Public attitudes towards drug prices: not as bad as you might think(?)
A recent Kaiser Family Foundation survey finds that 73% of respondents believe drug prices are “unreasonable,” with no statistical difference in those who take prescription meds and those who do not. The survey received some media coverage, mostly in stories addressing other facets of the drug price debate but, digging deeper, we find that the industry’s reputation may have actually improved a bit over the past decade.For example, Kaiser queried respondents on what they believe is driving drug prices. The top factors and the percentage of people identifying them as major contributors were:
• Profits – 77%
• Medical Research – 64%
• Marketing and Advertising – 54%
• Cost of Lawsuits – 49%
When Kaiser did this same survey ten years ago, 70% of respondents said profits were the industry’s top concern, so not much change here. Back then, however, less than a quarter of respondents identified “saving lives and improving quality of life” as a leading industry concern. If we can roughly equate “saving lives and improving quality of life” with R&D spending, it suggests that industry PR campaigns to educate the public on the cost of drug development are getting through, albeit not in a way that supplants the perception that drug manufacturers are primarily profit-driven.
The 2005 survey also found 65% approval for government regulations to limit drug prices, but support for additional measures of this type fell to 53% this year. Declining support for price controls is interesting in that, due to dramatically higher government spending via Medicare Part D and components of the Affordable Care Act, such controls are actually politically more feasible now than in 2005. It’s another example of the cognitive disconnect between consumers (patients) and purchasers that distinguishes health care from most other areas of the economy.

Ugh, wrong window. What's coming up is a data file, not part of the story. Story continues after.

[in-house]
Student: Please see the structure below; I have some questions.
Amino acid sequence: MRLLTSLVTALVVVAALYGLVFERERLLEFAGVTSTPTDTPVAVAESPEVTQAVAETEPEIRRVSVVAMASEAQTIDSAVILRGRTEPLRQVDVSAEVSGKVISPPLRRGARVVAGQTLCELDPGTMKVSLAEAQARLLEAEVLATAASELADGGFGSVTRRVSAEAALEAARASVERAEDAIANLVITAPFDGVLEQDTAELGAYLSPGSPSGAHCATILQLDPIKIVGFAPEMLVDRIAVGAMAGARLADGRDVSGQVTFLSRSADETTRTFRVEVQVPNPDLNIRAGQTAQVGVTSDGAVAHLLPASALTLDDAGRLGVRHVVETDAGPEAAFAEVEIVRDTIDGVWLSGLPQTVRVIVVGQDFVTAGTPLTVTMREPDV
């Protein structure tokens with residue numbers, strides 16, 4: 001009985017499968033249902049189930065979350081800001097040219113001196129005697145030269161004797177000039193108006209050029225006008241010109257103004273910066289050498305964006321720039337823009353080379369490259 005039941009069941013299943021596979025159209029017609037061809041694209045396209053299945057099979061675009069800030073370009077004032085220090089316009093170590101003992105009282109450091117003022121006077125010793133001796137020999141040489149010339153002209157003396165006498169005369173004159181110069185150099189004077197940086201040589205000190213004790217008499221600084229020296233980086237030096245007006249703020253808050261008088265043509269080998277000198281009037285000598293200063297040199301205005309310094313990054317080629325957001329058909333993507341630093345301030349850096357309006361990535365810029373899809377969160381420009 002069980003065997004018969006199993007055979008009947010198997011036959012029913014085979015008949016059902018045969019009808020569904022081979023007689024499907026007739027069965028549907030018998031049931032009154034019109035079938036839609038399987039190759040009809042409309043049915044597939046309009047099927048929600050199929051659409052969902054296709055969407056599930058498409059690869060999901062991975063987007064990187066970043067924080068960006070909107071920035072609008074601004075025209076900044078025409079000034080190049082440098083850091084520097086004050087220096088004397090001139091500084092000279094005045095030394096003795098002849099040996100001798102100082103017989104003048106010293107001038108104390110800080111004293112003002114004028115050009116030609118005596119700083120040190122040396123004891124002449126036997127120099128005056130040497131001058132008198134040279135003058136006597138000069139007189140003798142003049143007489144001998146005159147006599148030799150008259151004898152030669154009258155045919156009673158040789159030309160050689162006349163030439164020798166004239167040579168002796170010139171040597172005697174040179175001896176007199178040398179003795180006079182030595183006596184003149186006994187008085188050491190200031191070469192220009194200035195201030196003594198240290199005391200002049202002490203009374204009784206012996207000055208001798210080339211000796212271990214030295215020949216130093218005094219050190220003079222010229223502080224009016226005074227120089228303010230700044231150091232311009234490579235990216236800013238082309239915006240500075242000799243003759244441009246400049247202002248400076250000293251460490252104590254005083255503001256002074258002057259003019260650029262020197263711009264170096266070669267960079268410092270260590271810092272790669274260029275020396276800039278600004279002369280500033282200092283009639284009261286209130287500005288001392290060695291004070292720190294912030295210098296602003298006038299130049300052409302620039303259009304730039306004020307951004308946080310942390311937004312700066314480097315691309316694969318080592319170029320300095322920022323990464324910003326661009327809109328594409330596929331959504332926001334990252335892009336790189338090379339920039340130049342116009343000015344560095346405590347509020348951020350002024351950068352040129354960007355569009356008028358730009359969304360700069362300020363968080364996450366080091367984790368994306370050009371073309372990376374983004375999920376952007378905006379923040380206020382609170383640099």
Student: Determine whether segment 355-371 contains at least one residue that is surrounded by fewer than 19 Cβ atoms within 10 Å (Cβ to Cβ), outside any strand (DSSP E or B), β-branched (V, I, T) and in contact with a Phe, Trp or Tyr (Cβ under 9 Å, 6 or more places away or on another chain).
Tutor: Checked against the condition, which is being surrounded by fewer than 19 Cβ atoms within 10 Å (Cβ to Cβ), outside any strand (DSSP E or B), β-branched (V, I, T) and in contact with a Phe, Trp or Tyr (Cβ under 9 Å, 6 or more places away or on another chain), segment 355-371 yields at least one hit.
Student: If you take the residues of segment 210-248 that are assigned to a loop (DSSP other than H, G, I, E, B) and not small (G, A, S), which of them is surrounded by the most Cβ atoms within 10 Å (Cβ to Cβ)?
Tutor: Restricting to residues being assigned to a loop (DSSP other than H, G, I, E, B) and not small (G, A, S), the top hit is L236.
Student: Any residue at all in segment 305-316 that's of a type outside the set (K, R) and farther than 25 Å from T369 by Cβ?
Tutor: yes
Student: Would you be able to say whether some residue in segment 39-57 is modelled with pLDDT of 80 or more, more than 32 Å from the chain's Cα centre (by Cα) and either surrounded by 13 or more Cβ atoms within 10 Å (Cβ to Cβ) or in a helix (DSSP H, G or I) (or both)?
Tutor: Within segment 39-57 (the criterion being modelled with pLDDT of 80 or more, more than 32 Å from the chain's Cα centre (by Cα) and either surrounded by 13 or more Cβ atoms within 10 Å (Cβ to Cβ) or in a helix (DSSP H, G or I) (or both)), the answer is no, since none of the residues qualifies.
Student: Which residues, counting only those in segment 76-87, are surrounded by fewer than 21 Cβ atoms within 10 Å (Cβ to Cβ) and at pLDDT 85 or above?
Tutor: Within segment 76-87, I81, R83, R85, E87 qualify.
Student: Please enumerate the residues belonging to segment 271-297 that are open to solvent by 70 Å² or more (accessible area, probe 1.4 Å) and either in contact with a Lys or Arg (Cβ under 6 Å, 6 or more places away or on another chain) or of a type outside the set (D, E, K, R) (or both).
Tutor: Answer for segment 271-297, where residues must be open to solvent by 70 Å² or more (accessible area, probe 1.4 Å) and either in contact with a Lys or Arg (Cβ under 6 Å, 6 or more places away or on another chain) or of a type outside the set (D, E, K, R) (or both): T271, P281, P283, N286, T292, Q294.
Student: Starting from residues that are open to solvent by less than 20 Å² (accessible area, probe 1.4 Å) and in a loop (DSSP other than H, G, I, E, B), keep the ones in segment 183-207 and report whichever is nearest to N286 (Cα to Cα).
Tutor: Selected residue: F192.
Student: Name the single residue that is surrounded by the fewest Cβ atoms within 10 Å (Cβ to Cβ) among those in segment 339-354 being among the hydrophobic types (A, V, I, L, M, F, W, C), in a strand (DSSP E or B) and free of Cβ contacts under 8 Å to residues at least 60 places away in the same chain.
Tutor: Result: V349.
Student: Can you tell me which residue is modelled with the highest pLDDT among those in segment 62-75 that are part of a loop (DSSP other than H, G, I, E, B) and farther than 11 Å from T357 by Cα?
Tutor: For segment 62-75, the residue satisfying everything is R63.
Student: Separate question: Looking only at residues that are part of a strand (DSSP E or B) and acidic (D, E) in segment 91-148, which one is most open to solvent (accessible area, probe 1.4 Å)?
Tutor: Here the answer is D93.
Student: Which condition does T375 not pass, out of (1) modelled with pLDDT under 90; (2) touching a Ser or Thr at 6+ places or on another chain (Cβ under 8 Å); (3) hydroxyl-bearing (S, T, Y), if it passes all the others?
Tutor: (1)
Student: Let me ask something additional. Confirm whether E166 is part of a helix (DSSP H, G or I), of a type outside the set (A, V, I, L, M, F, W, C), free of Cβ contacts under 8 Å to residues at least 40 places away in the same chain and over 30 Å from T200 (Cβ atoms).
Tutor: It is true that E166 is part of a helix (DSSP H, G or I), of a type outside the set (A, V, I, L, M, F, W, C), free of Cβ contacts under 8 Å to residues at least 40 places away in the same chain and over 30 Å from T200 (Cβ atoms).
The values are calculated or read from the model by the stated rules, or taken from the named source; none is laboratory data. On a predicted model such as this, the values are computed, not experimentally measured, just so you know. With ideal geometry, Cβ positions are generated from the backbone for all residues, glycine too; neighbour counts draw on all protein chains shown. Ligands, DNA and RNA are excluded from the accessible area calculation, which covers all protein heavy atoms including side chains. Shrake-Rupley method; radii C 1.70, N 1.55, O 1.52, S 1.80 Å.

So there’s a bit of good news from a public perception angle here, but pharma executives would do well to maintain some discipline in the pricing arena. After all, the flipside of the health-sector disconnect between consumers and purchasers is that consumers are most definitely not the final decision-makers in these matters. Had Kaiser surveyed lawmakers, PBM managers, or even doctors, i.e. the people who are actually in a position to do something about drug prices, trending attitudes towards the subject would likely be quite different.
It seems the only certainty in the long-running legal battle over generic pay-to-delay (aka reverse-payment) arrangements is … more litigation.
Opponents of the settlements were cheered two years ago when the Supreme Court ruled in FTC v Actavis that such arrangements could run afoul of anti-trust laws. The practice of patent holders giving incentives to Paragraph IV challengers in exchange for dropping patent challenges or delaying market entry had long been in the sights of consumer activists, members of Congress, and more notably the Federal Trade Commission. They argued that the deals amount to protecting monopoly prices by preventing competition, thus violating the Sherman Anti-Trust Act.
However, the actual decision was not nearly the death-knell for reverse payments that headlines at the time would lead most to believe. In a partial victory for patent-holders, the Supreme Court left quite a bit of gray area in their decision, which serves more as guidance to the judiciary than a bright-line ruling. For one, the court did not outright say the arrangements are unlawful, but rather that judges could allow for that possibility when deciding whether to allow cases to go to trial. Second, it stated that “large” and “unjustified” payments to patent challengers are the red flags that may indicate anti-competitive behavior. Broad terms indeed.